Azimjan Askarov Case: decision of Supreme Court nowhere near implementation of UN Views

2016 2016-07-14T13:17:20+0300 2016-07-14T13:18:52+0300 en The Human Rights Center “Viasna” The Human Rights Center “Viasna”
The Human Rights Center “Viasna”
Azimjan Askarov

Azimjan Askarov

Paris-Geneva, July 13, 2016 - Yesterday, the Supreme Court of Kyrgyzstan ordered a fresh appeal hearing before the Chuy Regional Court in Bishkek in the case of human rights defender Azimjan Askarov, and left his life sentence conviction unchanged, FIDH said. Azimjan Askarov remains behind bars in blatant violation of the Views of the UN Human Rights Committee (CCPR), which concluded on April 21 that “Kyrgyzstan must take appropriate steps to immediately release him”.

On July 11 and 12, 2016, the Kyrgyzstan Supreme Court heard the appeal that had been filed by the lawyers of Mr. Azimjan Askarov under Article 41.2 of the Constitution, which obliges Kyrgyzstan to restore human rights in the event that international bodies confirm a violation. Both hearings were attended by lawyer Kirill Koroteev, from the Human Rights Centre "Memorial" (Russia), within the framework of a trial observation mandated by the Observatory.

“The purpose of this trial before the Supreme Court was to reconsider the case of Azimjan Askarov in the light of the CCPR Views, which requested his release in the first place, and his retrial if necessary”, said Kirill Koroteev, commenting on the decision.

“However, sending the case to a regional court means that the conviction and life sentence handed down by the Bazar Kurgan District Court in 2010 remain intact, and that Mr. Askarov remains in detention on the basis of the district court judgment. This is how the Supreme Court avoided even to discuss the possibility of his release, which is nowhere near the implementation of the CCPR Views”, he added, highlighting that it is likely that the Chuy Regional Court will not even examine evidence a new.

According to our observer, the trial was also marred by a number of procedural irregularities. A violation of the principles of equality of arms was notably reported in the morning of July 12, when a group of ethnic Kyrgyz women and men from southern Kyrgyzstan - some of whom appeared before the court with the formal “victim” status of the 2010 crimes imputed to Mr. Askarov - were invited by the Presiding Judge to present their views, while the attempts of Mr. Askarov’s lawyers to secure his attendance were repeatedly ignored. Besides, the court session had to be interrupted when the above-mentioned victims aggressively shouted at the bench and at Mr. Askarov’s lawyers, and after some of them even attempted to physically assault the lawyers.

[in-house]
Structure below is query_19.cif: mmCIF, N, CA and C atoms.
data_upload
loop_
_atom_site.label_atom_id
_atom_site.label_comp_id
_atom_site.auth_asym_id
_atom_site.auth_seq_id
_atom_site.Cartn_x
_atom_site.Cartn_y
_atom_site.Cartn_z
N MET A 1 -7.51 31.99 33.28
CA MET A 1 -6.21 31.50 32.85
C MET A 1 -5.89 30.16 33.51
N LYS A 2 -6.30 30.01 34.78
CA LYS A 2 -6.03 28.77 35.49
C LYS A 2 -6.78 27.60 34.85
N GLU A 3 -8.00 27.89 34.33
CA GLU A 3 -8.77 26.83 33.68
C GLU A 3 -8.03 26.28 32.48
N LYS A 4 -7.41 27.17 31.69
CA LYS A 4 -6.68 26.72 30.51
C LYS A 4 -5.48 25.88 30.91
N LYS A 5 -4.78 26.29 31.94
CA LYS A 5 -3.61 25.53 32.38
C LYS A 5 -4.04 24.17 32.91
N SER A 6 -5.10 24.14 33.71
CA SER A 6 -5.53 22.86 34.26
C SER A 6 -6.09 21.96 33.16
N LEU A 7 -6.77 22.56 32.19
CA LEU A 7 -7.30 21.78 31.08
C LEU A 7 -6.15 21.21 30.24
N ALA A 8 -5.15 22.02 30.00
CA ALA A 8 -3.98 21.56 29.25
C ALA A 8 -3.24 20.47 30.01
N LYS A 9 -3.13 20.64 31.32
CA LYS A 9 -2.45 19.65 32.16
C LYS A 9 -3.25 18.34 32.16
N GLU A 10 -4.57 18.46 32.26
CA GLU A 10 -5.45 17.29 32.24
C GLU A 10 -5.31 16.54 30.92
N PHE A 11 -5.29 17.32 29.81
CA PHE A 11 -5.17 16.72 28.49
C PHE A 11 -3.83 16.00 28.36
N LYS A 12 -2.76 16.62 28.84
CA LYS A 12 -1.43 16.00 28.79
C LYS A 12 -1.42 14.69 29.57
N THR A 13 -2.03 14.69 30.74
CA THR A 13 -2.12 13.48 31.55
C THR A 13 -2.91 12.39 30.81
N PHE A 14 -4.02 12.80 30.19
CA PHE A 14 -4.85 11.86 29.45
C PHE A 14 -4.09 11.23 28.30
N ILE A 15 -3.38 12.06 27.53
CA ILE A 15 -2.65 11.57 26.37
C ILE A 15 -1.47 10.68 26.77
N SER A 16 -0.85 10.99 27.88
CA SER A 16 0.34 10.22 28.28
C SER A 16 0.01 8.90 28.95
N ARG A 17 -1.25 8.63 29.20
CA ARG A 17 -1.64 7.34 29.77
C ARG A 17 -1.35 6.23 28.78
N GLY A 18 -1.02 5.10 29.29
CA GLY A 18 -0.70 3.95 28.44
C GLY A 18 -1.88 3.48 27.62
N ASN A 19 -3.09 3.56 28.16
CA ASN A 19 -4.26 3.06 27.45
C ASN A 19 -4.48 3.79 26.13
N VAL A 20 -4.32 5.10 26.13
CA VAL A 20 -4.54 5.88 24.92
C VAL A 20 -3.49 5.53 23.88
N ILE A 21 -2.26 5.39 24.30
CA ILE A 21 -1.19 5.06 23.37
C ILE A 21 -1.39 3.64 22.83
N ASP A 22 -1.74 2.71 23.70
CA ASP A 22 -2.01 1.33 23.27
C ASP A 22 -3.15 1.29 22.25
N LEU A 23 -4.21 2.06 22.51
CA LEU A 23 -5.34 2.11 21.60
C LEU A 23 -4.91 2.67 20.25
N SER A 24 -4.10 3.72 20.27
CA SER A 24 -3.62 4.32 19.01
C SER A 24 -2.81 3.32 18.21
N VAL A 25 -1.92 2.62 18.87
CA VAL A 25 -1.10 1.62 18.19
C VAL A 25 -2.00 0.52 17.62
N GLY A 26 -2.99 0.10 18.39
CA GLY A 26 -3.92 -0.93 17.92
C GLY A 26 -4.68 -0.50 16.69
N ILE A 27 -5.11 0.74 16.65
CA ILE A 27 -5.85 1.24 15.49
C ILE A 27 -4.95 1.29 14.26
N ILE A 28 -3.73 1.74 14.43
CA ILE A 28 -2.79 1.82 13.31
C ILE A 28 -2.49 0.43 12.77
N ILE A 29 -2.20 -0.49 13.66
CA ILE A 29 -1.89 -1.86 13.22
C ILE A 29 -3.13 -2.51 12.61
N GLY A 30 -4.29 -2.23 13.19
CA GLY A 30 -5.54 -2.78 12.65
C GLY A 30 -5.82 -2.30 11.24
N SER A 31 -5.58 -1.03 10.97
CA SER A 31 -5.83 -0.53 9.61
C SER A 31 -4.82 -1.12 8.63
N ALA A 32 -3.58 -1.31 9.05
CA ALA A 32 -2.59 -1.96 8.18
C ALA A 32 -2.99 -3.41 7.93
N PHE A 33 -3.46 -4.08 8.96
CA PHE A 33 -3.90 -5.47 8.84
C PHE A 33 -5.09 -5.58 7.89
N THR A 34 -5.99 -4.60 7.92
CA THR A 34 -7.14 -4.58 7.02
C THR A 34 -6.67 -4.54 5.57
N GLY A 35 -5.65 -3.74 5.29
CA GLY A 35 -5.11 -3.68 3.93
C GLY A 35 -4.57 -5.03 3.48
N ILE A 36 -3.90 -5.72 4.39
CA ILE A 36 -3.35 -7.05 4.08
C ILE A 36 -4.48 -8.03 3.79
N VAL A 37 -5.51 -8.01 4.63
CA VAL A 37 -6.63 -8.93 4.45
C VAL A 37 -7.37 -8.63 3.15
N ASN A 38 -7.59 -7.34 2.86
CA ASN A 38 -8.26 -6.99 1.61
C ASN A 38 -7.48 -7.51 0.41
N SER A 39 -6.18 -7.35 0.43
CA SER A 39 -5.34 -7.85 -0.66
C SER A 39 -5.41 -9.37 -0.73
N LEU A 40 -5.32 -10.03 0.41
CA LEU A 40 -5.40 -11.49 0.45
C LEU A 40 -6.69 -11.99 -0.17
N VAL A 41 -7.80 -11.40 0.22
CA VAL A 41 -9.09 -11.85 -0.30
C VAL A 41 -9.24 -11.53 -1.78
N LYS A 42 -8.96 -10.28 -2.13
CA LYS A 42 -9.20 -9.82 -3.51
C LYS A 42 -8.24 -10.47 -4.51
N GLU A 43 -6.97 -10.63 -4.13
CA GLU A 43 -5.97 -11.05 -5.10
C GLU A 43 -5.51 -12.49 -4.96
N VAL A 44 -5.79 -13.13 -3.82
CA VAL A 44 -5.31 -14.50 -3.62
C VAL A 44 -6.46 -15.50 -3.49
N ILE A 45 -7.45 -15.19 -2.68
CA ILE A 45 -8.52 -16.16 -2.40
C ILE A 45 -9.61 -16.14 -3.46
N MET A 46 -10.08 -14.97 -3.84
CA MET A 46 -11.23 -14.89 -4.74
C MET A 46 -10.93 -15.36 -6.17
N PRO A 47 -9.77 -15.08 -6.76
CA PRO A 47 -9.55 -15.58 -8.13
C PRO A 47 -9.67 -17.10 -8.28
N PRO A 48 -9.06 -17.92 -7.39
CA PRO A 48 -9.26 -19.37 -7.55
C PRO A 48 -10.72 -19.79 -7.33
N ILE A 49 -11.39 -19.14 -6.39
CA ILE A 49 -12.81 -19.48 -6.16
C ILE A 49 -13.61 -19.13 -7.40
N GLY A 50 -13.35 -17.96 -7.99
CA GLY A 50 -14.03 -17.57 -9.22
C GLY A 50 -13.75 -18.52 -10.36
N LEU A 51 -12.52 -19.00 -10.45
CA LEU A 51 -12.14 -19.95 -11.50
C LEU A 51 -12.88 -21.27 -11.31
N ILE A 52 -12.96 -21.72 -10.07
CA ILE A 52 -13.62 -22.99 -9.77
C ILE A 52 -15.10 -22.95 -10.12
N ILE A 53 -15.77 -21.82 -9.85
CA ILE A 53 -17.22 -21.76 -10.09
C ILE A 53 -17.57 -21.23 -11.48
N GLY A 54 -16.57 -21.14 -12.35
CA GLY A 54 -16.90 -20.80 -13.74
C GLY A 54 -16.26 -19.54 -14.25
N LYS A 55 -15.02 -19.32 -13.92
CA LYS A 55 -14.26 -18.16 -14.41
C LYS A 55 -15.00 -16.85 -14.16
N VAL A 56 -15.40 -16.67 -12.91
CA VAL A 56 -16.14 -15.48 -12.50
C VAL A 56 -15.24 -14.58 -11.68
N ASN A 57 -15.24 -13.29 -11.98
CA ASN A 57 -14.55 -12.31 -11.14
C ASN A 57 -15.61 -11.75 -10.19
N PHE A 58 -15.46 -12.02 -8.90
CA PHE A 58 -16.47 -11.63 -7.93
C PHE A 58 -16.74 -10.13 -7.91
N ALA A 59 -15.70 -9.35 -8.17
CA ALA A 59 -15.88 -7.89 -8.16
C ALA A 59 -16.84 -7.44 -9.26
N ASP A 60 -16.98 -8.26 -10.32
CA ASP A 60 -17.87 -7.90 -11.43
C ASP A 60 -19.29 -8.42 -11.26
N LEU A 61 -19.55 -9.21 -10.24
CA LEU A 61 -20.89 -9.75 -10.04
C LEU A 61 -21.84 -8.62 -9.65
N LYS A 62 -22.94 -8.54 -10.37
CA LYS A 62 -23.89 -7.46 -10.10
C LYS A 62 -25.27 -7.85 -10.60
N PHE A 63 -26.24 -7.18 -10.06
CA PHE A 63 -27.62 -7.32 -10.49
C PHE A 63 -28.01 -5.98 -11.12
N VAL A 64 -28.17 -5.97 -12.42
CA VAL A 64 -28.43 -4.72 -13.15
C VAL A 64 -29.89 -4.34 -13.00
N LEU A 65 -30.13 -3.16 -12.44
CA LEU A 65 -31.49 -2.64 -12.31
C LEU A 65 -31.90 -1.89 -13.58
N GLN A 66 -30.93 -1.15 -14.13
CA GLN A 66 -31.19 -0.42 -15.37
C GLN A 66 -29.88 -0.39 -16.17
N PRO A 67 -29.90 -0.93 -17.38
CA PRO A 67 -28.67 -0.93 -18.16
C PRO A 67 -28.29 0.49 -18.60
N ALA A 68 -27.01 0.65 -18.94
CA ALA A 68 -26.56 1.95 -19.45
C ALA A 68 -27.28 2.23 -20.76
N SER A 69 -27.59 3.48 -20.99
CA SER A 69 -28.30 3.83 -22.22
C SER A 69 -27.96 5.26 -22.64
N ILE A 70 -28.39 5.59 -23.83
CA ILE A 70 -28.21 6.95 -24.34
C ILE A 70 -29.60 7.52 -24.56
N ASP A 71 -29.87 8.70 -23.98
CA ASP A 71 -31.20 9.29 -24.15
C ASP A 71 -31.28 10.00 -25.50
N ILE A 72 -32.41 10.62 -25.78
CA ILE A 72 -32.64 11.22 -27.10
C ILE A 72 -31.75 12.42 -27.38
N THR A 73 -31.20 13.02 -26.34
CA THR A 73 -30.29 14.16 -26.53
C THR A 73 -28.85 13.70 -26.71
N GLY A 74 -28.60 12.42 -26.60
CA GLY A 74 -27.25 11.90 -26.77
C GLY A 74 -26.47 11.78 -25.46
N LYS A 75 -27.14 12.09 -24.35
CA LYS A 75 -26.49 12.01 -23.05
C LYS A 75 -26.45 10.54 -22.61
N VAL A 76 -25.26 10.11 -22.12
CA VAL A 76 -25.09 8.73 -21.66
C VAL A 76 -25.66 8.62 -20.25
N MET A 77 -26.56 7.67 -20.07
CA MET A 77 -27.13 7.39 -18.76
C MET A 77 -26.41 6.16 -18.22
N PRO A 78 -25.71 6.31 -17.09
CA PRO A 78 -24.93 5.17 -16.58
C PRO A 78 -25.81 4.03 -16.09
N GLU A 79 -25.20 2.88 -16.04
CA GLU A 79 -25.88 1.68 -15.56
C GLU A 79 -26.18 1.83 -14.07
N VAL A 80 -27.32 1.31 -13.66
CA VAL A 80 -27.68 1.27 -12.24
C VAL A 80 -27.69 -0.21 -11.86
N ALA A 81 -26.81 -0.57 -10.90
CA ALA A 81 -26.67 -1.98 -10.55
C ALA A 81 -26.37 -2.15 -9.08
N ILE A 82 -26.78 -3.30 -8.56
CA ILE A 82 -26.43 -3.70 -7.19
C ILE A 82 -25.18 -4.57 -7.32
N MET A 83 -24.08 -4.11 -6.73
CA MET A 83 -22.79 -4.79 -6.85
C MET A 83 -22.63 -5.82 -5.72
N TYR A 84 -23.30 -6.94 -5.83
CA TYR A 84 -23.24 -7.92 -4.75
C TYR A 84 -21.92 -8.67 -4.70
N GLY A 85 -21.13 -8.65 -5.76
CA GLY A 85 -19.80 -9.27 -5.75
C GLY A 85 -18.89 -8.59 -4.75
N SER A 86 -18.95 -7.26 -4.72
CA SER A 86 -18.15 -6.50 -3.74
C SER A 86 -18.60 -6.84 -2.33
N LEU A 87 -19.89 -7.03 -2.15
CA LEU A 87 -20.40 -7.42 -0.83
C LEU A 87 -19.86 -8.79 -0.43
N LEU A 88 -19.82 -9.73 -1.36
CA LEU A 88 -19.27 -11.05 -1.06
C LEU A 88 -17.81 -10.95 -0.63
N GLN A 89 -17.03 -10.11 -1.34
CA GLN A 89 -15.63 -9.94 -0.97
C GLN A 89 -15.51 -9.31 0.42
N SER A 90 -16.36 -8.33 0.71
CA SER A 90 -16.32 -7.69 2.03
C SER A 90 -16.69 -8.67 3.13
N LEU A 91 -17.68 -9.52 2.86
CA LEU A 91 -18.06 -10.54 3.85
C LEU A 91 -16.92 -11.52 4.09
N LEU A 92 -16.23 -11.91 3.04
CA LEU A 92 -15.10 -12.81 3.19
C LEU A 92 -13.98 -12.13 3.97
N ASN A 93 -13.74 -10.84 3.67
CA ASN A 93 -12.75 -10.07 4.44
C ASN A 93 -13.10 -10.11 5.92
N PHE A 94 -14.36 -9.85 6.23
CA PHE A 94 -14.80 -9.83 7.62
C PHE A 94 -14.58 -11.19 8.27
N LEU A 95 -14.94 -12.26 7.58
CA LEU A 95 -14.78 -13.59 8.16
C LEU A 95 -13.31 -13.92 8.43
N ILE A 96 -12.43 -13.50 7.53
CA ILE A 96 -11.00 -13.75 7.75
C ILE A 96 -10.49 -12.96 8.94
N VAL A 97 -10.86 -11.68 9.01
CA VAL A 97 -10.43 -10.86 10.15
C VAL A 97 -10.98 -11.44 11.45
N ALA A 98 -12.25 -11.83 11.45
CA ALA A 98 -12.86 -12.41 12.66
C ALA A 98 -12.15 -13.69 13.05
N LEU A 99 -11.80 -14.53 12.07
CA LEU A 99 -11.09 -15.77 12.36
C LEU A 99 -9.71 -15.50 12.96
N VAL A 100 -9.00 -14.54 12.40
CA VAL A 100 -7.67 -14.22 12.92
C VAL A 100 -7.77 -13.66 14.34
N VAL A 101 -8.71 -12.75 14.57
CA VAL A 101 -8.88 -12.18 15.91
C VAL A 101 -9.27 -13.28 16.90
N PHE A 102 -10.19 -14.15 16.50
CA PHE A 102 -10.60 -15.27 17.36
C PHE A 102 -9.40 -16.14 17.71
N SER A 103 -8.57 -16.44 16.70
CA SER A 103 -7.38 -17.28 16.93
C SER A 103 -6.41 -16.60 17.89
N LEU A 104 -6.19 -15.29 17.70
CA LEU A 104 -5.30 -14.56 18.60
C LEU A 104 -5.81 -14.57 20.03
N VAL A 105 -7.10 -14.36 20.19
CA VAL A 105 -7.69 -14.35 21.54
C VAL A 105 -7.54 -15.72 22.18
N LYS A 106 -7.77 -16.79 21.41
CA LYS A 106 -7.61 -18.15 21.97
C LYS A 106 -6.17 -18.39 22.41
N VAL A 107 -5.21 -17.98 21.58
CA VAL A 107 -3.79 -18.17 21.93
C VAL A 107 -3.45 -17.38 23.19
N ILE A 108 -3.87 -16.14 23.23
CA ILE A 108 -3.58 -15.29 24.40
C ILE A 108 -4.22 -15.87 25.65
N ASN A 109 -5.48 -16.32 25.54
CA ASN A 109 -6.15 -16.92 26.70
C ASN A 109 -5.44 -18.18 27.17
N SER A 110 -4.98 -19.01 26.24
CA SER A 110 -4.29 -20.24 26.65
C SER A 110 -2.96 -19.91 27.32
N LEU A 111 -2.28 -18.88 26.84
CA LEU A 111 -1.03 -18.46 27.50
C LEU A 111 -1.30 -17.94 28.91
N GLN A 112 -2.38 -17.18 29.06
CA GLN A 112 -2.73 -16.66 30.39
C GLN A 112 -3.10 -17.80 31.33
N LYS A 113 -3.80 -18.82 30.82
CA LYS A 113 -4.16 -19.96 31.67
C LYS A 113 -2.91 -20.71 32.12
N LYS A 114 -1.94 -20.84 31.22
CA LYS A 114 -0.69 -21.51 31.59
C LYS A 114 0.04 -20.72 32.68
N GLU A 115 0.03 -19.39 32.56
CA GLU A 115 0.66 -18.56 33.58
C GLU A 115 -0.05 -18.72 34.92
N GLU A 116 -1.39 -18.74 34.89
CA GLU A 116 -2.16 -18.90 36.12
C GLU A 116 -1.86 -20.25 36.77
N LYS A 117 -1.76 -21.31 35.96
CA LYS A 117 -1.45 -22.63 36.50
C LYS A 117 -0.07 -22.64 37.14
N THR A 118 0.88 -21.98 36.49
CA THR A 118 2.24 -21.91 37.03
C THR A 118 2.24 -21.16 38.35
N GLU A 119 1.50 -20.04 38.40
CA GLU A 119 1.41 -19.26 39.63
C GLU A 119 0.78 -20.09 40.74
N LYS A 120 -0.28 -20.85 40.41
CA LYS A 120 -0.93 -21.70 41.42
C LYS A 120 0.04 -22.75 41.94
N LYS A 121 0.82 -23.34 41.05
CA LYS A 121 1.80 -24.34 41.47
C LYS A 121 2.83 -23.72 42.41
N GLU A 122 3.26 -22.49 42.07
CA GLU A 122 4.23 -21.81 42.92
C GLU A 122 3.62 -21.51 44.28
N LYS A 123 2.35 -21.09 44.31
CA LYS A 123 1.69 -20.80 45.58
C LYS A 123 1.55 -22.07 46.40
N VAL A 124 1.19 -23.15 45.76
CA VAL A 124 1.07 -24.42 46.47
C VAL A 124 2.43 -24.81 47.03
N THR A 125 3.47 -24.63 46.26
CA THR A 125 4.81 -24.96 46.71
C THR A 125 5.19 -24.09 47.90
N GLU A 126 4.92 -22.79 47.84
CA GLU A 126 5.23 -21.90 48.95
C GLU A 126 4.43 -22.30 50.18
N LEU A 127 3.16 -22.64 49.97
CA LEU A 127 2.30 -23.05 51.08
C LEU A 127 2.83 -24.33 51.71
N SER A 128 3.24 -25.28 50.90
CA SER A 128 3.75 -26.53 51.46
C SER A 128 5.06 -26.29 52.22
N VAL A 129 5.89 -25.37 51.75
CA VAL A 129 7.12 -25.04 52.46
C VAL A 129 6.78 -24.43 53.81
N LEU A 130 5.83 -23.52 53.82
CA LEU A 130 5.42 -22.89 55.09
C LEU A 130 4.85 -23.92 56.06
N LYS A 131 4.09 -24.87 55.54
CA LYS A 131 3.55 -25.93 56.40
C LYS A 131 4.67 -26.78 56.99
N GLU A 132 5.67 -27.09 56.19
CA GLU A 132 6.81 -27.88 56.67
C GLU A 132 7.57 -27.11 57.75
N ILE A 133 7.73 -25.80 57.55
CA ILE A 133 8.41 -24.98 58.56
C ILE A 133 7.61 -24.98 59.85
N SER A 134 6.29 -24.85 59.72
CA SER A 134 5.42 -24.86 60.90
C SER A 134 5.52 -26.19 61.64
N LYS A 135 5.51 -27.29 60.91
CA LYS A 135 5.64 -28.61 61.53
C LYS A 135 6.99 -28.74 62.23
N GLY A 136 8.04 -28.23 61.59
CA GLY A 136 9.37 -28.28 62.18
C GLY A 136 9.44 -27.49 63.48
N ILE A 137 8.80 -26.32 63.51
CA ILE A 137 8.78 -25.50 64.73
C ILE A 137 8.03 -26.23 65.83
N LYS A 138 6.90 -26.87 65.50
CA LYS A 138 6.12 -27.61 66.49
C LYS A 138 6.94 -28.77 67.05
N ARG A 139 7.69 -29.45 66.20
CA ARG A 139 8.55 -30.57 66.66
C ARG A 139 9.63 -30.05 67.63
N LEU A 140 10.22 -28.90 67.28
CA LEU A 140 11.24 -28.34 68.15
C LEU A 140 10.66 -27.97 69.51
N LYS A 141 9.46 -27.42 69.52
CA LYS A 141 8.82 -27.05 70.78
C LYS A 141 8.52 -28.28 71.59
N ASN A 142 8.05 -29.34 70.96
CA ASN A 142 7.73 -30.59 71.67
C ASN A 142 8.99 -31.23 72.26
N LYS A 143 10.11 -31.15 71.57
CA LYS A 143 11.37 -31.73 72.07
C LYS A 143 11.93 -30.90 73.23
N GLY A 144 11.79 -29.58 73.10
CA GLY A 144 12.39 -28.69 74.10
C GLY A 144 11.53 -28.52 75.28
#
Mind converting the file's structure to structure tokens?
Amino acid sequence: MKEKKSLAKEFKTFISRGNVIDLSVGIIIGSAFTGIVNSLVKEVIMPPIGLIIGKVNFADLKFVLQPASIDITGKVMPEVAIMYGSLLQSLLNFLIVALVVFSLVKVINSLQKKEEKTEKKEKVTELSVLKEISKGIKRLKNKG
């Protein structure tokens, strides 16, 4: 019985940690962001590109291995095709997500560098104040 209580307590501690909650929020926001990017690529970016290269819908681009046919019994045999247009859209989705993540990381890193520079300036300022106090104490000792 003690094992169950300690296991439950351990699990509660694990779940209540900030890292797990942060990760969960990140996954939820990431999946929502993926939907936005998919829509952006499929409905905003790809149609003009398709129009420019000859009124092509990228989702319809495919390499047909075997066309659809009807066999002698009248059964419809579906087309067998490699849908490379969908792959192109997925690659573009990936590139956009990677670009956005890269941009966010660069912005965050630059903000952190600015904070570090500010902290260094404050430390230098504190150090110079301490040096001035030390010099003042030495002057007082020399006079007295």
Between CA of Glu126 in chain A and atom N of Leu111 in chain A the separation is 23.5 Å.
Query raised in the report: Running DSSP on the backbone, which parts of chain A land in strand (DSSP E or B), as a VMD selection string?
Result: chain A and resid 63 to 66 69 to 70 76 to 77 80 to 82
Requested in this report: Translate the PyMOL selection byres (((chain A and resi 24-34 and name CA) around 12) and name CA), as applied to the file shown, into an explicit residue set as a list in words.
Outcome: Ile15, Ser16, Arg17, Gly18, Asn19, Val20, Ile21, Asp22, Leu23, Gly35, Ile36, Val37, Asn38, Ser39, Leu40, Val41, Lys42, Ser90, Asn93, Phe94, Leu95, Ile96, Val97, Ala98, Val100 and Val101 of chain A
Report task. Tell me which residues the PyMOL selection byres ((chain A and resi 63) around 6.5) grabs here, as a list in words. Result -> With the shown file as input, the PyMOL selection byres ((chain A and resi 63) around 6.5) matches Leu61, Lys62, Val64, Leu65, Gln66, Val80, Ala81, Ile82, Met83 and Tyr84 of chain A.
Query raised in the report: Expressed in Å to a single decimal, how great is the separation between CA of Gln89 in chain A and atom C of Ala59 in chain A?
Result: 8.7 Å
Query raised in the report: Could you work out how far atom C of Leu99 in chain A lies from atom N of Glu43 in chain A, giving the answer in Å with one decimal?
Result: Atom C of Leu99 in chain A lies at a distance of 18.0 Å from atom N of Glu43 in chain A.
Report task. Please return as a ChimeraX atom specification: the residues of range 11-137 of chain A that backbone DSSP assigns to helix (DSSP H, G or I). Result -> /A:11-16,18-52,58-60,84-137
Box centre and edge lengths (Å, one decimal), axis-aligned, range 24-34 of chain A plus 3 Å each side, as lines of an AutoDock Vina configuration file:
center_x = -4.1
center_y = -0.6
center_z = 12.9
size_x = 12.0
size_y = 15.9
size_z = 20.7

The Observatory deplores the decision of the Supreme Court of Kyrgyzstan as well as the series of irregularities noted during the trial, and calls upon the Kyrgyz authorities to immediately release Mr. Azimjan Askarov as requested by the CCPR, as well as to put an end to any kind of harassment against the latter and more generally against all human rights defenders in the country.

The Observatory recalls that Mr. Azimjan Askarov founded the group Vozduh (Air) in 2002 in Bazar Kurgan, Jalalabad Oblast, in the South of the country to investigate police brutality and the conditions of Kyrgyz prisons. On several occasions, Azimjan Askarov was successful in fighting impunity in cases involving the local police. As a result, several police officials were not appreciative of his work. During the ethnic clashes of June 2010 in southern Kyrgyzstan, he documented the violence in Bazar Kurgan. Azimjan Askarov has repeatedly claimed his innocence, providing proof that he was not even present at the crime scene. Following a trial denounced by several international human rights groups for irregularities, including alleged torture and the courtroom intimidation of witnesses by police and of lawyers by the audience, Mr. Askarov was handed down a life sentence by the Bazar Kurgan District Court in 2010.

The Observatory for the Protection of Human Rights Defenders (OBS) was created in 1997 by FIDH and the World Organisation Against Torture (OMCT). The objective of this programme is to intervene to prevent or remedy situations of repression against human rights defenders.